Benjamin P. Levy, MD: That’s a very nice summary of brigatinib, and it puts it in context of the other drugs. Where does this drug go? Compared with the other second-line data, it looks very convincing. We’re going to have a frontline study—where it’s compared with crizotinib—report out very soon. If we see similar results to what we saw in the ALEX study, or even better, and we see second-line results that are a little bit better than alectinib, does this drug potentially enter the market in the first-line setting, after this frontline ALTA data?

Lyudmila A. Bazhenova, MD: I think it could. We do have a little preview of what the first-line efficacy of brigatinib is. In the phase I study, there were 8 patients enrolled who were crizotinib naive. The response rate was 100%, and there was a progression-free survival of 32 months. So, it is possible that this drug, after ALTA-1L, which is expected to be released by the end of this year or the beginning of next year, might add one more drug to our first-line setting. The question is going to be, what are we going to do after your patient has failed with alectinib or has failed with brigatinib in the first-line setting?

Benjamin P. Levy, MD: Sequencing strategies is always a challenge. It’s somewhat of an embarrassment of riches to have all of these drugs. Who would have thought we would have been struggling with what to sequence and how, given how few targeted therapies we had 5 to 10 years ago. Speaking of more drugs in the ALK space, we have lorlatinib, a next-generation ALK inhibitor. We have seen some data with lorlatinib, an update to what we’ve seen before. Zofia, can you walk us through the data with lorlatinib?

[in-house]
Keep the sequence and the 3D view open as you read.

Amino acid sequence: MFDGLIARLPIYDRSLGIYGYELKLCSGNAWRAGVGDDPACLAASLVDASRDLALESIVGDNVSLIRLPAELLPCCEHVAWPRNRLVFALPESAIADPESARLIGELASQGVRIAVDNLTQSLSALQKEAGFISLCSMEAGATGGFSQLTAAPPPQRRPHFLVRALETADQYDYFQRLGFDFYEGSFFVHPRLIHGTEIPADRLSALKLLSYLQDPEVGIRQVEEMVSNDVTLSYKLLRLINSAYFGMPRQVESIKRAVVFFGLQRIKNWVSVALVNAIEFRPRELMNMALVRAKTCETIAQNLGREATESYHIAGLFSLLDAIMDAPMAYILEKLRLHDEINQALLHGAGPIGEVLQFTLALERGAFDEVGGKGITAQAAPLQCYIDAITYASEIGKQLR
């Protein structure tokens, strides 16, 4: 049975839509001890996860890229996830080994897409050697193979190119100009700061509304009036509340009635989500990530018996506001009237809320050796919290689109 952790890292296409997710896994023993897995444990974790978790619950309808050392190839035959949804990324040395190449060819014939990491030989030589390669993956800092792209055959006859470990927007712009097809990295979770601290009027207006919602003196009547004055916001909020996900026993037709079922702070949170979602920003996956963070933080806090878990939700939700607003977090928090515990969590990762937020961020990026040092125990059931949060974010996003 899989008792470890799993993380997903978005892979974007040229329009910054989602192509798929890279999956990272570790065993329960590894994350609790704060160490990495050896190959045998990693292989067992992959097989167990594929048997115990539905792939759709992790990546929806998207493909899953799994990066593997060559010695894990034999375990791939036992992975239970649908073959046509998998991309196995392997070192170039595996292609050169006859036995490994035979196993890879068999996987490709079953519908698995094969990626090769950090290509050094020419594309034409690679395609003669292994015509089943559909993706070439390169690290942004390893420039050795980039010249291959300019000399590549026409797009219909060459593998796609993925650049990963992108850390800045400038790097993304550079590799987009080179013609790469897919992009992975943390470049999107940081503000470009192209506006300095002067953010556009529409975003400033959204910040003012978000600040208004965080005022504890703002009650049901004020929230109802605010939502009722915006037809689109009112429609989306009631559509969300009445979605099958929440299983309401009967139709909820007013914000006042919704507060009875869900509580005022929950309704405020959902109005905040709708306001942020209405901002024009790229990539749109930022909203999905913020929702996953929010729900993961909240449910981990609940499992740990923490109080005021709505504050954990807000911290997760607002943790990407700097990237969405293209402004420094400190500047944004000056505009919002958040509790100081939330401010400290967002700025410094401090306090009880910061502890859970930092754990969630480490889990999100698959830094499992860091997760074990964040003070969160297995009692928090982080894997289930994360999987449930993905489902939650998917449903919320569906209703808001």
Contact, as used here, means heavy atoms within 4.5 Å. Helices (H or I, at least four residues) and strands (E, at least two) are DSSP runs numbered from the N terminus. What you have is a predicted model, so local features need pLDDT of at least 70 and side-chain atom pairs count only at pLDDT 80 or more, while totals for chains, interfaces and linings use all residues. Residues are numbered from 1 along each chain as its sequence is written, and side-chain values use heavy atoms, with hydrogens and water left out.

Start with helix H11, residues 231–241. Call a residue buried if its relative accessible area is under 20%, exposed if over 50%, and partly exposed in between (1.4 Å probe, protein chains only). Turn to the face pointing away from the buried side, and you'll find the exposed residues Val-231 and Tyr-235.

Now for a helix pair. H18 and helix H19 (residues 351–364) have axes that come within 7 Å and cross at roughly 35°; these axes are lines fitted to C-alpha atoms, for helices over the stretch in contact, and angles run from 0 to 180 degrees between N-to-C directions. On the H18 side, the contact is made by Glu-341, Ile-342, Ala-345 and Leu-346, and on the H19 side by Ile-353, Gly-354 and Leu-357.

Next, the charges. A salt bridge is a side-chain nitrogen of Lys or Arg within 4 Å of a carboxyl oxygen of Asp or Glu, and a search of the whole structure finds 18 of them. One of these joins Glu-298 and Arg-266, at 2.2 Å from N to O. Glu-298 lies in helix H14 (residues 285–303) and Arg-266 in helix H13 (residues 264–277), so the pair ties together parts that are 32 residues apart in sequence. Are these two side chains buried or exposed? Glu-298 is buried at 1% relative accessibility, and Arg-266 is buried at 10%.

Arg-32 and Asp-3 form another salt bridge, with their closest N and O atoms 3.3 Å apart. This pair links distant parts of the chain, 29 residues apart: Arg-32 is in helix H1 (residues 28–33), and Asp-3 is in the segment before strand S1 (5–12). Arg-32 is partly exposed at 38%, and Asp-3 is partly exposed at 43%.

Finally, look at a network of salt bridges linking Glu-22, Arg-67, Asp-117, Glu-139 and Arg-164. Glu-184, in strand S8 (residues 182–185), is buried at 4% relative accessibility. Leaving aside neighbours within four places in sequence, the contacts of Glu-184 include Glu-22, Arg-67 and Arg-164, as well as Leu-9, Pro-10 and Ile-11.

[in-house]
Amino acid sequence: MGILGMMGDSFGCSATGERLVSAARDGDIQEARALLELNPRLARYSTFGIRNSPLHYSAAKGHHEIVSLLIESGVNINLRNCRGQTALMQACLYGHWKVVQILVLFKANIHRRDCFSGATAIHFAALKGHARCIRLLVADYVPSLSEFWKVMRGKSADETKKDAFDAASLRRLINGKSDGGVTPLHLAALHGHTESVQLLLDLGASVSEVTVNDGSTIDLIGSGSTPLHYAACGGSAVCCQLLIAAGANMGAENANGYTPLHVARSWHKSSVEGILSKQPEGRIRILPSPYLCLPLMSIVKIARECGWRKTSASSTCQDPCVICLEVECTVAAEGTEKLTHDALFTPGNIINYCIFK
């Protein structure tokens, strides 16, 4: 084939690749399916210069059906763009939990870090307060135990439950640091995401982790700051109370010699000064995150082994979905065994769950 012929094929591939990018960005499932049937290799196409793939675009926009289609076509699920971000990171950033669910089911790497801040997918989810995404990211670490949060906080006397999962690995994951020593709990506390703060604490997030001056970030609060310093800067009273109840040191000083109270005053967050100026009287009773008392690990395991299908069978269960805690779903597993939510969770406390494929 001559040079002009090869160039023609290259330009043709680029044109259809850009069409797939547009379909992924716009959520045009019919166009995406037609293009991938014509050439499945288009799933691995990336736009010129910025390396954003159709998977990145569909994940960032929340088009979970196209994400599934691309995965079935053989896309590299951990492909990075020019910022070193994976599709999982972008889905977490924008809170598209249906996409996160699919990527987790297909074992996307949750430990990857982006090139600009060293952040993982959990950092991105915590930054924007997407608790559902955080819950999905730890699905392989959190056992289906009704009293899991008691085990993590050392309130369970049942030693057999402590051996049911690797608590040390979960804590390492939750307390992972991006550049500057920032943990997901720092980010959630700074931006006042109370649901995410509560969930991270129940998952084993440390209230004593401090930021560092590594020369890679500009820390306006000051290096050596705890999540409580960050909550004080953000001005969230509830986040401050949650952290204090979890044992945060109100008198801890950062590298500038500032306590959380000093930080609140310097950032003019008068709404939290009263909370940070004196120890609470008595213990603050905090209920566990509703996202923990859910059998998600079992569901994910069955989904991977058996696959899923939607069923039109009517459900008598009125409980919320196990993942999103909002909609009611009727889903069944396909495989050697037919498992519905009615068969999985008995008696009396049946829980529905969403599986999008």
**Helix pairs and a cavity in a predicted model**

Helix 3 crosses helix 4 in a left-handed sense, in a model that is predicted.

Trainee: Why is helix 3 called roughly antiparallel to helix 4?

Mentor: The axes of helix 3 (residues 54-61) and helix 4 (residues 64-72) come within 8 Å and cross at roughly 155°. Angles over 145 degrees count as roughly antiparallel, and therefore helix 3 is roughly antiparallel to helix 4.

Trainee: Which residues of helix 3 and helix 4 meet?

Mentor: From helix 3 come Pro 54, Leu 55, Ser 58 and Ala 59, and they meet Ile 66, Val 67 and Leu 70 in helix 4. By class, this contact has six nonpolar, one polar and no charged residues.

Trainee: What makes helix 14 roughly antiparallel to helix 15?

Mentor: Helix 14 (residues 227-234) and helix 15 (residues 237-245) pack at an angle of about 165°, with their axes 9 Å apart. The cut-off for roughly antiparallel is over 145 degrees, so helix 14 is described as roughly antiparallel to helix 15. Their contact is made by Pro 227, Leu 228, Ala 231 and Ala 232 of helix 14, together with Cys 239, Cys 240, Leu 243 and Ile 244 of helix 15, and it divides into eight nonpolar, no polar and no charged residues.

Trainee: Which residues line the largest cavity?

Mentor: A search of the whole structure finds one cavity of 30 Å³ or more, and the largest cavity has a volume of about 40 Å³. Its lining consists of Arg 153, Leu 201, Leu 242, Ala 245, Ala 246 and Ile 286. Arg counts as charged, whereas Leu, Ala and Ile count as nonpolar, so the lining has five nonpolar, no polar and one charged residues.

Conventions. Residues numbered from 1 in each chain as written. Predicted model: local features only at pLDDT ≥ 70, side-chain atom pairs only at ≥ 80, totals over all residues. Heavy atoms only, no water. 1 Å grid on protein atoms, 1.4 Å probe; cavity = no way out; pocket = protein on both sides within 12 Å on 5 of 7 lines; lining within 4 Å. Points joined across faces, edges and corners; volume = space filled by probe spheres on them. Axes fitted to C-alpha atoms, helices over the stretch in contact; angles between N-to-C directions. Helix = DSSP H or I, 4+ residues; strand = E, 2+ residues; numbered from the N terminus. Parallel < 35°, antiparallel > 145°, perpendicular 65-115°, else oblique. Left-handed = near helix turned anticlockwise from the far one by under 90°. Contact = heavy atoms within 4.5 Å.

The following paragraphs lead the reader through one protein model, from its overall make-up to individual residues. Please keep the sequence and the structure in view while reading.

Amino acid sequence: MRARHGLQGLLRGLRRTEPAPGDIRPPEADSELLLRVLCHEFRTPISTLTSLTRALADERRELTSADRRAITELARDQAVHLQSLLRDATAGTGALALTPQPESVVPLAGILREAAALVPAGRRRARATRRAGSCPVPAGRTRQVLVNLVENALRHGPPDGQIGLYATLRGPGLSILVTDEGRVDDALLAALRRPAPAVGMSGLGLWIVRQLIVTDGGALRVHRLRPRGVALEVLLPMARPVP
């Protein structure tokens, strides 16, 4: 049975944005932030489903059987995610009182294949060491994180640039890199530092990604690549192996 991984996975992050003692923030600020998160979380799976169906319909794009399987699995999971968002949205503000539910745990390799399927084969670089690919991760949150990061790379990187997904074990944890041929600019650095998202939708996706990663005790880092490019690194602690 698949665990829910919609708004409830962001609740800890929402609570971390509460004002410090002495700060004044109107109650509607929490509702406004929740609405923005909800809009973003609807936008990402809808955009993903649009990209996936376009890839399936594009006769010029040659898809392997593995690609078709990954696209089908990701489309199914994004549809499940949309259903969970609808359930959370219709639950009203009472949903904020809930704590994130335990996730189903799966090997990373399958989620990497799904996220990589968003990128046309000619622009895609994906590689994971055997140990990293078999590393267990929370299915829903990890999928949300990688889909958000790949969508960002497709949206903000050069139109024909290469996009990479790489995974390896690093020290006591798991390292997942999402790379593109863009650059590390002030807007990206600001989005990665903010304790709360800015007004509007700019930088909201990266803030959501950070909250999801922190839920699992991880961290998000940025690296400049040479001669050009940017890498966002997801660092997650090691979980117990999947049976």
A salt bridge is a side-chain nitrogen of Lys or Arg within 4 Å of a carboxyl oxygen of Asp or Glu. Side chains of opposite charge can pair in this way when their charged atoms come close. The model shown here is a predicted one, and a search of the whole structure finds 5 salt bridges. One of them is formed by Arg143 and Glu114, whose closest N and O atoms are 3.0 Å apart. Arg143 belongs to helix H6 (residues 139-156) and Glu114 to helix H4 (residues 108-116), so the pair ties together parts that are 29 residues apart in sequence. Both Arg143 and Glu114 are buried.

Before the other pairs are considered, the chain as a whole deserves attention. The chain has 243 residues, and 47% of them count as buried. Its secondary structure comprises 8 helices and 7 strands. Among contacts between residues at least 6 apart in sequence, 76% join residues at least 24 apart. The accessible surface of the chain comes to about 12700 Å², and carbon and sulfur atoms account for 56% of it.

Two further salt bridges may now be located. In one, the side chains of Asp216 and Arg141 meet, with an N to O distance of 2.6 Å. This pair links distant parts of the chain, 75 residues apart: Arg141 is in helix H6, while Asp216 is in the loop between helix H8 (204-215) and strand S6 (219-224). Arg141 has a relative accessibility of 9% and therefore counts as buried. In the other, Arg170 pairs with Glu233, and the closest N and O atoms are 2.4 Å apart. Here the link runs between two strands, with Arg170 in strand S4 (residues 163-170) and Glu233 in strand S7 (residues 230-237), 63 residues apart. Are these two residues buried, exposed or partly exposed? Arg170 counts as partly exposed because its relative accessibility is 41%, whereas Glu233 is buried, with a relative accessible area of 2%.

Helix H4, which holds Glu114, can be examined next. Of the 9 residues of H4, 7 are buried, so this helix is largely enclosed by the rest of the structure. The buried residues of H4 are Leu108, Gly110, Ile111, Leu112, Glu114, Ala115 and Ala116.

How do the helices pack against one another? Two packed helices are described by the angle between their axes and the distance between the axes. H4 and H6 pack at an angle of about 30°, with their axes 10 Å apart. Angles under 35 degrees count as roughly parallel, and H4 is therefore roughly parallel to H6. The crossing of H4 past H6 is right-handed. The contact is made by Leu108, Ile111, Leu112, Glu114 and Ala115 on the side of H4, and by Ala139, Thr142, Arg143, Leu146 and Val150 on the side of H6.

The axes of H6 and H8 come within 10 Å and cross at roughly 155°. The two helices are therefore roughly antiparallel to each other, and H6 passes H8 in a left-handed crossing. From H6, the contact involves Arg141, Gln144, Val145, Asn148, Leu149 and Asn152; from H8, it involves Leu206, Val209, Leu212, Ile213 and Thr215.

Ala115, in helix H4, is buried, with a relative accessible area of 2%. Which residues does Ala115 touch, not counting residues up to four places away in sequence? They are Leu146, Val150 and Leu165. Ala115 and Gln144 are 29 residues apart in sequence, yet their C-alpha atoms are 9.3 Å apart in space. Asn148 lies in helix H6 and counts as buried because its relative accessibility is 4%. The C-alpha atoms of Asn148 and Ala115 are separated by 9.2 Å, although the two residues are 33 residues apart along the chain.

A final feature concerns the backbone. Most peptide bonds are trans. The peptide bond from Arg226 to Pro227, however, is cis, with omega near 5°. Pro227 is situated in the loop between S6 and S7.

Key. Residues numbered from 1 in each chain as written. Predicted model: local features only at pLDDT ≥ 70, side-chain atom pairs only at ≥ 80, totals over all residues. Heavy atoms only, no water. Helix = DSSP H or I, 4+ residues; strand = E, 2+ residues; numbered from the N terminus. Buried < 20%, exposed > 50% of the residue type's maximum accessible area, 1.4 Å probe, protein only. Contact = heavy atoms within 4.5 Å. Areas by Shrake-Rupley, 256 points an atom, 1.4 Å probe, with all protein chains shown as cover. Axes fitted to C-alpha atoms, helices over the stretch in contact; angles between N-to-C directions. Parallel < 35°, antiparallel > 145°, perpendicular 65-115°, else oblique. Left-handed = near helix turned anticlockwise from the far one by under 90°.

Zofia Piotrowska, MD: I think you’re right. It’s really humbling to have so many different drugs. Lorlatinib, a third-generation ALK and ROS-1 inhibitor, was designed not only to be a very potent ALK and ROS-1 inhibitor, but also to have very good brain penetration. The data that’s been shown so far, and was updated at the 2018 ASCO Annual Meeting, has been very promising. They’ve looked at lorlatinib in patients who were pretreated only with prior crizotinib, and then, really strikingly, in patients who were pretreated with 1 or 2 prior lines of second-generation ALK inhibitors, or even patients who had 3 or more prior ALK inhibitors. It’s really striking that we are in a situation where this is even a population to consider.

We saw really impressive results across the board. That’s really the bottom line with lorlatinib. In the lorlatinib study, they looked at systemic response rate and intracranial response rate. We really see that lorlatinib is highly effective, whether other patients have been treated previously with crizotinib or any number of prior first- or second-generation ALK inhibitors. In patients who were treated with prior second-generation ALK inhibitors, we’re seeing overall systemic response rates in the 40% range and intracranial response rates in the 40% range as well. And the duration of response in the intracranial setting can be 15 months or so. So, I think lorlatinib is really a very promising drug. We’re very excited to see more data with lorlatinib, and I’m really hoping to see it move into widespread use.

Benjamin P. Levy, MD: I’ll ask you the same question that I asked Lyudmila. Where does this drug fit in? Is it going to be in the refractory setting, post alectinib? Do we move it into the frontline setting?

Zofia Piotrowska, MD: I think the theme of targeted therapies in 2018 is that when a drug works in later lines of therapy, we ultimately want to see what it does in the frontline setting. Soon, it is hopefully going to be here for later lines of therapy for patients who have been previously treated with alectinib, brigatinib, ceritinib, or other second-generation drugs. But ultimately, I look forward to seeing the first-line data, because I think it could be very promising there as well.

Transcript Edited for Clarity